OPINION: Buhari and the embattled NOUN law graduates, By Carl Umegboro


Carl Umegboro

Nigeria’s most populous tertiary institution, National Open University of Nigeria with a population of over 500,000 active students has become a brand in providing quality education to the populace. By the unique global initiative, government is strategically bringing education to the doorsteps of the citizenry, thus, drastically reducing the hitherto wide gap between the educated and non-educated population.

No doubt, the university’s newly approved postgraduate law programmes: Master of Law and Master of International Law and Diplomacy under the Nigerian Institute of Advanced Legal Studies and other faculties’ programmes are positive developments. It is expected that its counterpart, the Council of Legal Education, should follow suit to urgently remove the oppressed NOUN law graduates from the streets since 2013 the first set graduated.

However, such advanced law programme when the Bachelor of Laws degree which is the prerequisite for admission into the Nigerian Law School has yet to secure admission for vocational training, is more or less a Greek gift as far as those trapped NOUN Law graduates are concerned knowing that the postgraduate degrees cannot solve the problems on the ground. Not even a doctorate degree in Law can competently replace a call-to-bar certificate.

For instance, a postgraduate programme in law; be it LLM or MILD or even PhD (Law) is merely for specialisation and not a requirement for admission into the law school. And there are numerous senior lawyers who possibly rose to their peak position of the Senior Advocate of Nigeria without going for the LLM degree. Thus, it’s merely for advancement in the career and doesn’t affect admission into the law school or enhance a call-to-bar.

In the Faculty of Law, vocational training for call-to-bar is the most important programme after the LLB degree as it enables law graduates to be called to bar for practice of which without it, the efforts to obtain the LLB degree become a futile exercise except the graduate succeeds in getting employment in an unrelated field against their aspirations or dream.

So far, the Minister of Education, Mallam Adamu Adamu, has put in commendable efforts towards resolving the crisis in many instances and his counterpart, the Minister of Justice/Attorney General of the Federation, Abubakar Malami (SAN), should follow suit as evidence glaringly show that all the delays in resolving the crisis stem from the latter’s ministry.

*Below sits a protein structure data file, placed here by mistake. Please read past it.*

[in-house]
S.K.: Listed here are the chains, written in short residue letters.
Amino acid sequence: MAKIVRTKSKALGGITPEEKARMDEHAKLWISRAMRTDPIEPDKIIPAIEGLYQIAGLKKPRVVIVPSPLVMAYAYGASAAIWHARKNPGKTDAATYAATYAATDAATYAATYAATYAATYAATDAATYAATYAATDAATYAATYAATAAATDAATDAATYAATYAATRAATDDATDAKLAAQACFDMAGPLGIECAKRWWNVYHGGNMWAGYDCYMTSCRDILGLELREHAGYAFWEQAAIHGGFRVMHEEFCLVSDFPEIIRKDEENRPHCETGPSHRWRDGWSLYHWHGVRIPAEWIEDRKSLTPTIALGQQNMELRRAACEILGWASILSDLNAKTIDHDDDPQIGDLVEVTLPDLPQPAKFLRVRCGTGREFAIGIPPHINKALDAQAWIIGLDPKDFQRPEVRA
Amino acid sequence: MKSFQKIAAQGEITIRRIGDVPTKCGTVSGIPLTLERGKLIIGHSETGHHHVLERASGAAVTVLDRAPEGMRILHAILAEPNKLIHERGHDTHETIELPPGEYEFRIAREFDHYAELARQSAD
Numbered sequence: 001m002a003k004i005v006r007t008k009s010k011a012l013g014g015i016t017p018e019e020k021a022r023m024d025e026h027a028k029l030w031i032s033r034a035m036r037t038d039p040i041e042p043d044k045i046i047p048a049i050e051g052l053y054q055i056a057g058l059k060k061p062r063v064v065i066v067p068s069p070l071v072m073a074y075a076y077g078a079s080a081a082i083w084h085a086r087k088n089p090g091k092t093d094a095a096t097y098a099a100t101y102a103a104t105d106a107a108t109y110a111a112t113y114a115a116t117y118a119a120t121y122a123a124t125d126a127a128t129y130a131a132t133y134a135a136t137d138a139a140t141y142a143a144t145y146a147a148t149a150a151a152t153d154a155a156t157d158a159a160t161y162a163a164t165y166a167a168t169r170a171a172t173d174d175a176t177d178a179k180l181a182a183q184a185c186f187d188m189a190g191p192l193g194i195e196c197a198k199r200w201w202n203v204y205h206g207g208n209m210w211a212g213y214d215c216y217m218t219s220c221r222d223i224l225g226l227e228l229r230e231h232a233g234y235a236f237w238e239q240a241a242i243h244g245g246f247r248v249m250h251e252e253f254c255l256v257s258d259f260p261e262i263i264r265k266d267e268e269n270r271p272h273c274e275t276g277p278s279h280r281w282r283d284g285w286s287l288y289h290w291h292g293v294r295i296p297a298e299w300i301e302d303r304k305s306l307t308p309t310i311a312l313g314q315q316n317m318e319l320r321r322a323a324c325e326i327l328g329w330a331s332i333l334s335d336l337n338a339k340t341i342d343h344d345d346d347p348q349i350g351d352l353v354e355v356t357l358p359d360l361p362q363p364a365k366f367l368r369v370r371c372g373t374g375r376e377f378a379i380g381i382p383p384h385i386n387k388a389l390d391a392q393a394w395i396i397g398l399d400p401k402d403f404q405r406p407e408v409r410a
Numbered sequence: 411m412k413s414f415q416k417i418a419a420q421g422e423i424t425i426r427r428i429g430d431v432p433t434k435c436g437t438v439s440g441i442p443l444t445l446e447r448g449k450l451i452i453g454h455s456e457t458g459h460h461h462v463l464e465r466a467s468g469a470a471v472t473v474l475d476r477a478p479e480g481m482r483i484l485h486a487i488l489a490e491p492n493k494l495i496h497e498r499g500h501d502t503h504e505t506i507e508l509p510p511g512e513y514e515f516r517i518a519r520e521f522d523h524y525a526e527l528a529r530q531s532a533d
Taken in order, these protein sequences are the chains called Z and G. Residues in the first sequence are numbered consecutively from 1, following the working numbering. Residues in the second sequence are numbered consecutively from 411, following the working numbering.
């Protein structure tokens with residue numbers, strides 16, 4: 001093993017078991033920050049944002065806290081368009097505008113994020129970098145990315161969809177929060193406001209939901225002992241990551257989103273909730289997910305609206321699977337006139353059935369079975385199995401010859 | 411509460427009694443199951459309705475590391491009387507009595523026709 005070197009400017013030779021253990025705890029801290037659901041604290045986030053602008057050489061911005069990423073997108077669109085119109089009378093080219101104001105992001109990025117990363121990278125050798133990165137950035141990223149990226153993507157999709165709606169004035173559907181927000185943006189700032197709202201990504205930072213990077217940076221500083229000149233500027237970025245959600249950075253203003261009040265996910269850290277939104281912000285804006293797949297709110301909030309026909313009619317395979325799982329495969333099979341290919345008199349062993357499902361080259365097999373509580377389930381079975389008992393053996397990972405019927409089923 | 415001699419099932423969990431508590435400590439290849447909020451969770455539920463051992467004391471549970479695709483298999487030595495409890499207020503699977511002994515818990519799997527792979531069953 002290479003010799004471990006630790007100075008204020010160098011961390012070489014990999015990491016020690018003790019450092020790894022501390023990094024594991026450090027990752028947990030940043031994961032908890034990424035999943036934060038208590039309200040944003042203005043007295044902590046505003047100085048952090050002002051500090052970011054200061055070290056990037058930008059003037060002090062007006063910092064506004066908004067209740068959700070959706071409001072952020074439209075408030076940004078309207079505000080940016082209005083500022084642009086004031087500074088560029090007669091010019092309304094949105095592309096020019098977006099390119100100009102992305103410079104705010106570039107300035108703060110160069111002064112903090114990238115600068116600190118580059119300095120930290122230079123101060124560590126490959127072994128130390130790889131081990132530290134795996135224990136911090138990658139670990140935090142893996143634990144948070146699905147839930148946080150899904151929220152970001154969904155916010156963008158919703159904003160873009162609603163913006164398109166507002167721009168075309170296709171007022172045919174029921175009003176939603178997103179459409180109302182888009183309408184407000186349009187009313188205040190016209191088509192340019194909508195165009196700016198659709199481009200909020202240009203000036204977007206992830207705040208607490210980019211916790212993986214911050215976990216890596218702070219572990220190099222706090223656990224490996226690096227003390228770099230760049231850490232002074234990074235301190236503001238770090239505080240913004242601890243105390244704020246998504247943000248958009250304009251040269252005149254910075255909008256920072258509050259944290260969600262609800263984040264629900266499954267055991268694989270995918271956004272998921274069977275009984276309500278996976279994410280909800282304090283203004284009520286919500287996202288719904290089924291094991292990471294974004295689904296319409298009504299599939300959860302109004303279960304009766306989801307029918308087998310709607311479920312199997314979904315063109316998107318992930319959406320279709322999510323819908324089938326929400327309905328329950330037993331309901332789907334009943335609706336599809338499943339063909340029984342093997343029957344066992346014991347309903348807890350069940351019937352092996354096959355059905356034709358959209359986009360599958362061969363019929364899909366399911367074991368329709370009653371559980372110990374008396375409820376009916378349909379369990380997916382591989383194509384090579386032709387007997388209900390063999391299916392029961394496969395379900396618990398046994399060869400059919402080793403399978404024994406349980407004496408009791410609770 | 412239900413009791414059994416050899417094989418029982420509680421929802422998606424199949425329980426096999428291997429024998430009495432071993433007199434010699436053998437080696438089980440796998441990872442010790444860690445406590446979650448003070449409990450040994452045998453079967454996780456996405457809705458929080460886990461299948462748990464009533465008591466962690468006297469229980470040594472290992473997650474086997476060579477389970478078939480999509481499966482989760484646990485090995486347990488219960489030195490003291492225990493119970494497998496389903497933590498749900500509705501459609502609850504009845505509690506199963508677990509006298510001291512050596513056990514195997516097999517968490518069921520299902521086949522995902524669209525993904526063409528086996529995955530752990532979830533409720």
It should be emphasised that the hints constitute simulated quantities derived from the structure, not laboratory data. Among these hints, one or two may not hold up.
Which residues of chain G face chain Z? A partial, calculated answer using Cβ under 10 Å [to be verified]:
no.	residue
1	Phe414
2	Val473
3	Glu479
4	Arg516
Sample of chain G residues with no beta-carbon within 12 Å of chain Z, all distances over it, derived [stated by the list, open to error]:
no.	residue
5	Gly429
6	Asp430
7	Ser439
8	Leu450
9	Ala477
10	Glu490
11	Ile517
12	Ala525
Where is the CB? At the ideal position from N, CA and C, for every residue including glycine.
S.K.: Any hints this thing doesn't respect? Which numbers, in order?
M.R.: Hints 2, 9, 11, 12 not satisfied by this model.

President Muhammadu Buhari has a duty of protection by ensuring that under national security, the helplessly trapped innocent citizens do not under any circumstance remain in the dilemma. To be precise, they shouldn’t be excluded in the forthcoming batch of intakes into the Nigerian Law School, as citizens that completed their law programme in an accredited institution cannot continue to roam the streets for no just cause.

It is worthy of note that on December 7, 2019 precisely, it will be a complete one year since President Buhari selflessly gave assent to the NOUN Amendment Act as an intervention remedy. Regrettably, the dilemma remains unabated. The unending drama is condemnable.

These citizens must not be pushed into mass actions before the needful is done!

The recent memo from the Federal Ministry of Education dated September 23, 2019 to the Federal Ministry of Justice for an urgent stakeholders’ meeting on the protracted crisis following the directives from the Presidency, which unfortunately is still not treated one month after, attests to Adamu’s value for equity.

By its cliché, ‘work and learn’, NOUN, as an outlet, has provided education to people of diverse status including Nigeria’s former president, Chief Olusegun Obasanjo, who recently completed his studies under strict invigilation and bagged a doctorate degree in Theology. Without mincing words, NOUN has become a generic model of excellence.

Other prominent figures who had or are still undergoing one course of study or another in the institution are too numerous to mention. However, a unique feature of NOUN that puts it ahead of other universities is the template that separates lecturers/facilitators from examiners and students thereby tactically blocking avenues for examination malpractices, cultism, sexual overtures or lecturers’ harassment for scores that thrive in other universities; hence, it is either to fervently study or end up as a dropout.

The unending cases of sexual harassments and other vices in many universities in the recent times including University of Lagos call for an overhaul of the academic system in the country as the present system has to a large extent continued to be counterproductive.

The newly approved postgraduate programme in law is not a bad idea as NOUN is suitably proficient for the gesture. However, it cannot remedy the crisis on the ground, hence, let the needful be done. NOUN’s quota for admission is long overdue and the innocent law graduates shouldn’t continue to roam the streets. I conclude with a quote by Bill Gates, “Discrimination has a lot of layers that make it tough for minorities to get a leg up”.

  • Carl Umegboro, Associate, Chartered Institute of Arbitrators (United Kingdom)
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